Tales of a 21st Century Gypsy

August 2, 2006.

Everyone had told me I had to visit Louisbourg when I was in Cape Breton. I’m an obedient type (sometimes), so I did. They were right, as it turned out, at least from my point of view.

Nowadays, Louisbourg is a small village on the eastern edge of Cape Breton, on the inland edge of an excellent harbor circled by two arms of land. But in the 18th century, Louisbourg was an imposing fortress perched on the southern arm of the harbor, facing out to sea to defend French Canada against English invasion. And in 1962, when the town of Louisbourg was reeling from the economic hit of the depletion of its coal mines, the Canadian government decided to reconstruct the fortress as a way to create jobs for unemployed miners.

So now, with Louisbourg still reeling from the closing of the fishery in 1992, it ekes a living out of the tourists brought in by the reconstructed fortress.

It is a fascinating place, especially to someone (me, that is) interested in historic preservation and economic development, and in understanding the place at a meta level; how it operates, why they rebuilt it as they did, and what is entailed in recreating a fortress and a town as they existed in 1744.

I probably would have just been another bored tourist if the woman who gave the little introductory speech hadn’t mentioned a special talk to be held that afternoon, by a man from the US National Park Service – Jim Baker is his name - and from an old French town in Missouri – Ste. Genevieve is its name. Being the kind of person I am, I went to the talk. In a way I wasn’t that interested in the details of the talk. Ste. Genevieve is just south of St. Louis, a group of houses built in the 18th century when Missouri was still a French colony, before there was a USA, and long before Thomas Jefferson bought that part of the continent from France. Jim spoke about architecture,

drawing parallels between the original houses he works on and the reconstructed ones in Louisbourg, tracing the designs of both back to the regions in France from which the settlers in both places had come. Specific differences between the Missouri houses and the Louisbourg ones could be attributed to differences in climate and available building materials - the need for shaded porches in Missouri, the need to deal with snow and cold winds in Cape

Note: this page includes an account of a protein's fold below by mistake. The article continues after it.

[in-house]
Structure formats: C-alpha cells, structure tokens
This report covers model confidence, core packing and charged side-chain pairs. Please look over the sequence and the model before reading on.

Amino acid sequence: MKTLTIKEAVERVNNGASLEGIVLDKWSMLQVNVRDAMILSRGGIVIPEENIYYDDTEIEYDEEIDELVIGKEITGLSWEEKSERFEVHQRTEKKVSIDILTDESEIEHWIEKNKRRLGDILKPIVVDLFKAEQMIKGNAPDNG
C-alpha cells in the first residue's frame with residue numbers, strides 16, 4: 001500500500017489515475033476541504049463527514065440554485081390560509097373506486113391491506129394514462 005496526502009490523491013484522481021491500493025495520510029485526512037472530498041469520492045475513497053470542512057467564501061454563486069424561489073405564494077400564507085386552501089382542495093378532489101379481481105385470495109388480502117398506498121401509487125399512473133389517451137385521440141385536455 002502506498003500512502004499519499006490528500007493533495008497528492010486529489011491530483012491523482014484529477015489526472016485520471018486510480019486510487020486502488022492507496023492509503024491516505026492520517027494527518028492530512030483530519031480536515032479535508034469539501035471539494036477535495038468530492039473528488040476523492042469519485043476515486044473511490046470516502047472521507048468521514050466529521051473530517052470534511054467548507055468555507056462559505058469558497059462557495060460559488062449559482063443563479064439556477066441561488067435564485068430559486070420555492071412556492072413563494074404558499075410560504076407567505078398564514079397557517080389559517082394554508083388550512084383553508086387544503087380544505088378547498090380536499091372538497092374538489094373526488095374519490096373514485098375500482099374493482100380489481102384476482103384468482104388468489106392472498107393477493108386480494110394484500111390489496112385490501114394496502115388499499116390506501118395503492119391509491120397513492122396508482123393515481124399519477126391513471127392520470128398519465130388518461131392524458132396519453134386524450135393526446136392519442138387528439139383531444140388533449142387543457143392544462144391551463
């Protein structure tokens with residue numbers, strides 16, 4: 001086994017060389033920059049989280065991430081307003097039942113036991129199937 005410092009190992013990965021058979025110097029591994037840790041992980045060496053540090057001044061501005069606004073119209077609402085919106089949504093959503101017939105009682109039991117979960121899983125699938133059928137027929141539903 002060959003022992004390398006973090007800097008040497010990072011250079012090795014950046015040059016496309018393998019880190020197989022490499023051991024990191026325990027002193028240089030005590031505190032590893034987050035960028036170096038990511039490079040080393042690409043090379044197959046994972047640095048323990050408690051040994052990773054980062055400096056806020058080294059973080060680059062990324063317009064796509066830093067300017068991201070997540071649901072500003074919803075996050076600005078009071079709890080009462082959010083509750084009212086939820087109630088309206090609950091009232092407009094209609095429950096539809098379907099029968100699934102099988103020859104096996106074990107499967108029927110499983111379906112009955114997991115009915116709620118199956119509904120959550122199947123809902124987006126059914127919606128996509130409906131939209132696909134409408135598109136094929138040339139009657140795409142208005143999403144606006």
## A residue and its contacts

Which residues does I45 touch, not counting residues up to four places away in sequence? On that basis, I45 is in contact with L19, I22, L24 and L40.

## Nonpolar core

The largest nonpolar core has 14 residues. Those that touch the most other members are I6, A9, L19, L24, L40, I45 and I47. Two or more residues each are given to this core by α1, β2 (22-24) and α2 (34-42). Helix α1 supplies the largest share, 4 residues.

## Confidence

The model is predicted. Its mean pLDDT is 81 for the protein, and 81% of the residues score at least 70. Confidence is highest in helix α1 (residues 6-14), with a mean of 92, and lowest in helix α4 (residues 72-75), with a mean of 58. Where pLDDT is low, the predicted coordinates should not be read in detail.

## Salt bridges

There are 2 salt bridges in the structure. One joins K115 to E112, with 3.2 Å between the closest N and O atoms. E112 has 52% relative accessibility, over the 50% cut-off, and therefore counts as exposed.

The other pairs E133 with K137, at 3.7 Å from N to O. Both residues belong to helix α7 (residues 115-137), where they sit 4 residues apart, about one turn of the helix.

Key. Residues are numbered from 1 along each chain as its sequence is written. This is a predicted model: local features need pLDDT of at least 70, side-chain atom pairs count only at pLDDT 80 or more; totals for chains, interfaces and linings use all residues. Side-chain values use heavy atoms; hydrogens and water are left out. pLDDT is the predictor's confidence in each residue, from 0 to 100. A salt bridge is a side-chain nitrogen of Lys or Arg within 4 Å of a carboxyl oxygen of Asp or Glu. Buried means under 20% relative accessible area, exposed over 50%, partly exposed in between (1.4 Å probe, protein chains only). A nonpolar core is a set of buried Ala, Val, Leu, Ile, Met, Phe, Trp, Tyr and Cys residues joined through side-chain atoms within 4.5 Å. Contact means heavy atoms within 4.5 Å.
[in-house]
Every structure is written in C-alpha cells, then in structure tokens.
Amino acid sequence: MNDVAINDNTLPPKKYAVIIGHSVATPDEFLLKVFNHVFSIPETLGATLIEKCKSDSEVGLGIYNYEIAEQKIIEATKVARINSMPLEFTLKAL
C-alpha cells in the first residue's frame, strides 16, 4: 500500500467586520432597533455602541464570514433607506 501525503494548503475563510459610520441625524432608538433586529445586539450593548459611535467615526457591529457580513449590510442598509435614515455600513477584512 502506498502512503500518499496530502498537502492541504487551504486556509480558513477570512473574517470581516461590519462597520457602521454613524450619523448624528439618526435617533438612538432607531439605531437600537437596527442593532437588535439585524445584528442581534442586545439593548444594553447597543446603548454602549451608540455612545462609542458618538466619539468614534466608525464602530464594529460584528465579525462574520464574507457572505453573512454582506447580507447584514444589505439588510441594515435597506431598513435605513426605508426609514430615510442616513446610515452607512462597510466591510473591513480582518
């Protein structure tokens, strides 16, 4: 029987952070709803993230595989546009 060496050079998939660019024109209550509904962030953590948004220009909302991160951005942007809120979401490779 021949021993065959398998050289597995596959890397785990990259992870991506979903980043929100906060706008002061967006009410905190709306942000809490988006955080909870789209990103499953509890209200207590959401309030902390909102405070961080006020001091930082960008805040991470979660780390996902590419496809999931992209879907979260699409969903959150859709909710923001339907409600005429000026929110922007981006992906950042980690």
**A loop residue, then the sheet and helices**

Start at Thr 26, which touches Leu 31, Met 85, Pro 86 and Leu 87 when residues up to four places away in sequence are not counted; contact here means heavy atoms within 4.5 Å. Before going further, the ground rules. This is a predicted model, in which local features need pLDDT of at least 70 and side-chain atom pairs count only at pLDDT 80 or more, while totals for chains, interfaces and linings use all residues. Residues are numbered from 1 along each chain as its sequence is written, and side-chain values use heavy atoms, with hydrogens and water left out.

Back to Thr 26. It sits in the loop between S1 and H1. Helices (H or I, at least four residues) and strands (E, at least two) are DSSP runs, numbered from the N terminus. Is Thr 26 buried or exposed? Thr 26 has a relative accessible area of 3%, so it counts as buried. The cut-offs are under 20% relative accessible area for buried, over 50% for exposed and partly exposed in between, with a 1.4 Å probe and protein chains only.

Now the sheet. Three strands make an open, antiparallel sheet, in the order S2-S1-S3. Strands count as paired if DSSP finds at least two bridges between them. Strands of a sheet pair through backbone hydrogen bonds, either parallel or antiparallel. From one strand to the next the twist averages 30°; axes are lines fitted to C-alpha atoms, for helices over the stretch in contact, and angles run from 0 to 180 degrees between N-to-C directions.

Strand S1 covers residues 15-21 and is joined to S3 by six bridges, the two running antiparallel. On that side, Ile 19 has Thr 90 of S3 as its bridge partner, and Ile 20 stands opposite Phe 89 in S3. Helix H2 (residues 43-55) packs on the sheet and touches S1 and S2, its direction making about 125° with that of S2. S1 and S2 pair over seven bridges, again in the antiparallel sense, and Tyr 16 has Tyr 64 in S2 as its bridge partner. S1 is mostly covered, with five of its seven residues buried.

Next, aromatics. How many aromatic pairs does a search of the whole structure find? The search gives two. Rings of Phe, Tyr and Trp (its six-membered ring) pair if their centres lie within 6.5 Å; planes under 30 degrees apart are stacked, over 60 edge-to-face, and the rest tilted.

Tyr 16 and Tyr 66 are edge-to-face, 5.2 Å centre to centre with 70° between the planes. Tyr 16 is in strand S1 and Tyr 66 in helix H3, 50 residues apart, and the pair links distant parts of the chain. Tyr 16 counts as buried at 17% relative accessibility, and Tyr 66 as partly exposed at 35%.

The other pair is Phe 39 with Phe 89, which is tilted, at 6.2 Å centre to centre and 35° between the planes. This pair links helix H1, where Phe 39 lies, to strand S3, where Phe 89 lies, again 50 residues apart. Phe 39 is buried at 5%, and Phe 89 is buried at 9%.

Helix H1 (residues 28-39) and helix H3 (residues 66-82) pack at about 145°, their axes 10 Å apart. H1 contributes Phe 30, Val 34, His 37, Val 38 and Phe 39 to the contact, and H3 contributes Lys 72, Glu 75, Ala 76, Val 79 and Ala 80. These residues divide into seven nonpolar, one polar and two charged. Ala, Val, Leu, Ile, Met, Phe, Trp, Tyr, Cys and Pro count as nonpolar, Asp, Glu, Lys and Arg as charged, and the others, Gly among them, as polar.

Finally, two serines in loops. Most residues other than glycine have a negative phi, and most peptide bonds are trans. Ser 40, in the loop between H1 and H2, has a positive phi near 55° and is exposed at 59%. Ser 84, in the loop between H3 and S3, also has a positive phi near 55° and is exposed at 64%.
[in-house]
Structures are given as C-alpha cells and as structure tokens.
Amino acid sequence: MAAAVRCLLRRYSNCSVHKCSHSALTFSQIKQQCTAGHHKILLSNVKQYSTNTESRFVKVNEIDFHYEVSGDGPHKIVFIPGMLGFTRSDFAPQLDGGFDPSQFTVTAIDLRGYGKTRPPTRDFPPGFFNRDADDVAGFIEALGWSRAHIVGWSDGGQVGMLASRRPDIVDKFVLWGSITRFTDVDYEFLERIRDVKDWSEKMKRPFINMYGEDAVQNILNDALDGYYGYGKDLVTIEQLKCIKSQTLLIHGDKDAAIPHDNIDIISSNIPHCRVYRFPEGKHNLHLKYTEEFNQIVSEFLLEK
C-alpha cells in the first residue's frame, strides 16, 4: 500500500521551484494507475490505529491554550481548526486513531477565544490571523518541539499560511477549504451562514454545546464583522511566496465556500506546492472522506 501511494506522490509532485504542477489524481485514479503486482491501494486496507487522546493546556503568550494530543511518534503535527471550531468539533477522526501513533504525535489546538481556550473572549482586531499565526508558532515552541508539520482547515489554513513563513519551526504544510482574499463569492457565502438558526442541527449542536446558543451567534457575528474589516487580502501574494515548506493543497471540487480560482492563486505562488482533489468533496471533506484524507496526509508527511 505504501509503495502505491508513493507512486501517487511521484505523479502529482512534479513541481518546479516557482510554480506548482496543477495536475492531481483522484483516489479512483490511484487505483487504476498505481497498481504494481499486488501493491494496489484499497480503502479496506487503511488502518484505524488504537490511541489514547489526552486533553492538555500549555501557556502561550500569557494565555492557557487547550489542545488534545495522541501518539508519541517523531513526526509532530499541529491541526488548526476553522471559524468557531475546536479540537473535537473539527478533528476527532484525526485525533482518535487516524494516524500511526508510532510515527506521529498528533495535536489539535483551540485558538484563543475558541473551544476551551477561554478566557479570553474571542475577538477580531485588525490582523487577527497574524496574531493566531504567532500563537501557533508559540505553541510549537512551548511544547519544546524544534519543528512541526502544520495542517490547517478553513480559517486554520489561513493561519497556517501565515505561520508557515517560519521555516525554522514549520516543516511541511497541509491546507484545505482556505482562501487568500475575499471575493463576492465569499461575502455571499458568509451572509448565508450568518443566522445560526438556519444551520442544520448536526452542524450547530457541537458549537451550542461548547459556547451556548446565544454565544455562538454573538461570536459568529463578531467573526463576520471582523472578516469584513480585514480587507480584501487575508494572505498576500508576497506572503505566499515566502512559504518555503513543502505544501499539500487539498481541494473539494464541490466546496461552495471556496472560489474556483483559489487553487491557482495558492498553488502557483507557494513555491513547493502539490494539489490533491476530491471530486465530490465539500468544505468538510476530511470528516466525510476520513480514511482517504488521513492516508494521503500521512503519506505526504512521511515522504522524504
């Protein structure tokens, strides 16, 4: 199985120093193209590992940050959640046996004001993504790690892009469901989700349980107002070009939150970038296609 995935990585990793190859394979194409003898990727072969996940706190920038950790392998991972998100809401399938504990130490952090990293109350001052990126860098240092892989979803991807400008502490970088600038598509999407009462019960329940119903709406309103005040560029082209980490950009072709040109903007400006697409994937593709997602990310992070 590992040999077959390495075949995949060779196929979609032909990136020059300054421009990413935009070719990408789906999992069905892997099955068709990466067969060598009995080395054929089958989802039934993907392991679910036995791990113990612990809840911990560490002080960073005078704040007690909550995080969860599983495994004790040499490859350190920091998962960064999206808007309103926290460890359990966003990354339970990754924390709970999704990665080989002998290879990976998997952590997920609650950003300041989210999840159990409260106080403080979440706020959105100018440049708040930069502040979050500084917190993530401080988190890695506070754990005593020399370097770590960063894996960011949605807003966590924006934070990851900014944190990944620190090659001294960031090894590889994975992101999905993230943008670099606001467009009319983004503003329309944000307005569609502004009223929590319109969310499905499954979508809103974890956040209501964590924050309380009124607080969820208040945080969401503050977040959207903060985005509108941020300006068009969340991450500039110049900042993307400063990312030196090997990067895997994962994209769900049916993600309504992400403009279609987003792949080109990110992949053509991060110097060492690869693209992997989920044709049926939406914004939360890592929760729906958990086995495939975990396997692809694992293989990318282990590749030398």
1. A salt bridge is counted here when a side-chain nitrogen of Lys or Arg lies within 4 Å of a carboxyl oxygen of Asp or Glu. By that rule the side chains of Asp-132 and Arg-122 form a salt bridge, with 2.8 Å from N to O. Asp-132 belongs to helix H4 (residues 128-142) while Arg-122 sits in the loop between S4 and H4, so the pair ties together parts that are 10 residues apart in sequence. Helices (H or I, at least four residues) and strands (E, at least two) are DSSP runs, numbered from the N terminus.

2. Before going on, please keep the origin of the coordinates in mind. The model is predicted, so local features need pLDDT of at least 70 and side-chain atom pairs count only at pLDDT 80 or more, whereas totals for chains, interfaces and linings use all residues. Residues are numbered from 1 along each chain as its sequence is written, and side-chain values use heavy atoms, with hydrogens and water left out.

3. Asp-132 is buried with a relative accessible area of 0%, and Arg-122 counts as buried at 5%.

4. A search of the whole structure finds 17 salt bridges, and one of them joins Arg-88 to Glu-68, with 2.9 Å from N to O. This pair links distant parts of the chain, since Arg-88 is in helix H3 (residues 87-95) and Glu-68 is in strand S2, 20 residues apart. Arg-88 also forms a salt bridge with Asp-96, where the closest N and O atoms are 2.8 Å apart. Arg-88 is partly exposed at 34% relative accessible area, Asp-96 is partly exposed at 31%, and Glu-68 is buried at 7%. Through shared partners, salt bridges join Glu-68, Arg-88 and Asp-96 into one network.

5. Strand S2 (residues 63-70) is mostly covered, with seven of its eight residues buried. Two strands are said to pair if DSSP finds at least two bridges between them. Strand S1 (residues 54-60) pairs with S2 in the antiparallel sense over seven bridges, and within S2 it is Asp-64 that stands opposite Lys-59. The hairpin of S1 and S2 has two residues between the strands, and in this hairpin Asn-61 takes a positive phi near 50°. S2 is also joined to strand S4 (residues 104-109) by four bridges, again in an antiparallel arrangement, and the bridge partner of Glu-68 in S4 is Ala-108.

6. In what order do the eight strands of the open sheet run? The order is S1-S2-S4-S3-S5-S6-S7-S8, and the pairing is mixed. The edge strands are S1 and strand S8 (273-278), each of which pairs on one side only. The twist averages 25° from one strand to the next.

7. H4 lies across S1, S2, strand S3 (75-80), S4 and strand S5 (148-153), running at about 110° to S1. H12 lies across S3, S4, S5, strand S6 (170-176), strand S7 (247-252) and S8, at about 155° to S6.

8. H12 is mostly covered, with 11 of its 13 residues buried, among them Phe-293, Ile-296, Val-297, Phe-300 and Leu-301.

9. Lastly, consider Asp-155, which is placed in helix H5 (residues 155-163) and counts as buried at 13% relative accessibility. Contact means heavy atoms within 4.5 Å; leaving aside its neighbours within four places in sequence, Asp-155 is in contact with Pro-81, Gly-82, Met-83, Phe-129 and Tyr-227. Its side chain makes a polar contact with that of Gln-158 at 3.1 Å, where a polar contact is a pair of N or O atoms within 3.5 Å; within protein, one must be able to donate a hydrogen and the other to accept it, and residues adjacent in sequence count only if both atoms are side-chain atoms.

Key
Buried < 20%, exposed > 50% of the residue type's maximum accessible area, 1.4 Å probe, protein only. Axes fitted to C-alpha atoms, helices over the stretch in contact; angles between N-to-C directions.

Breton. I don’t really care about the history of architecture at that level of detail, but the possibility of tracing connections between Nova Scotia and Missouri, and links to the habits and materials available to a specific group of people in one region of France, was almost eerie. And listening to the questions of the other people at the talk, almost all of whom were Louisbourg staff, was great. I had no idea how much they are all involved in the history and the accuracy of the reconstruction – not just the curators and historians, but the costumed re-enactors and the skilled artisans who crafted much of what went into the reconstruction.

It got me thinking much more about what Louisbourg really is, why they rebuilt it, and why they rebuilt it in just that way, to that year. The project really did originate in a desire to create jobs for out-of-work coal miners. That, combined with the coming centennial of the Canadian Confederation and an interest in recognizing French history, probably made it much easier to justify to a thrifty government than other historic reconstructions.

But it also created an immediate pressure to begin digging or building, when in fact the work had to start by creating jobs for historians and archaeologists. The historical record on Louisbourg is immense, not only in Canada but also in France and England, and a staff of historians began poured through the national archives of three countries to find out what the fortress

and the town had actually been like. Archaeologists found physical remains that confirmed the written records on placement and design of buildings, while filling in a wealth of detail on material culture – dishes, glassware, fabrics, food, and all kinds of trash. They knew that they could never afford to reconstruct the entire town, so they selected a few-block area to concentrate on, excavating the rest but then reburying the ruins to protect them from tourists, the weather, and the sea. They chose 1744 because it just preceded the fall of Louisbourg and French Canada to the English, so the community was as fully evolved as it became, but not yet directly threatened by its enemy.

The whole experience was, according to a book I later read about Louisbourg, a lesson in process for Parks Canada, not least because the management of the project was based in Ottawa, not Louisbourg, and the many professionals involved were reluctant to move from the city to a small isolated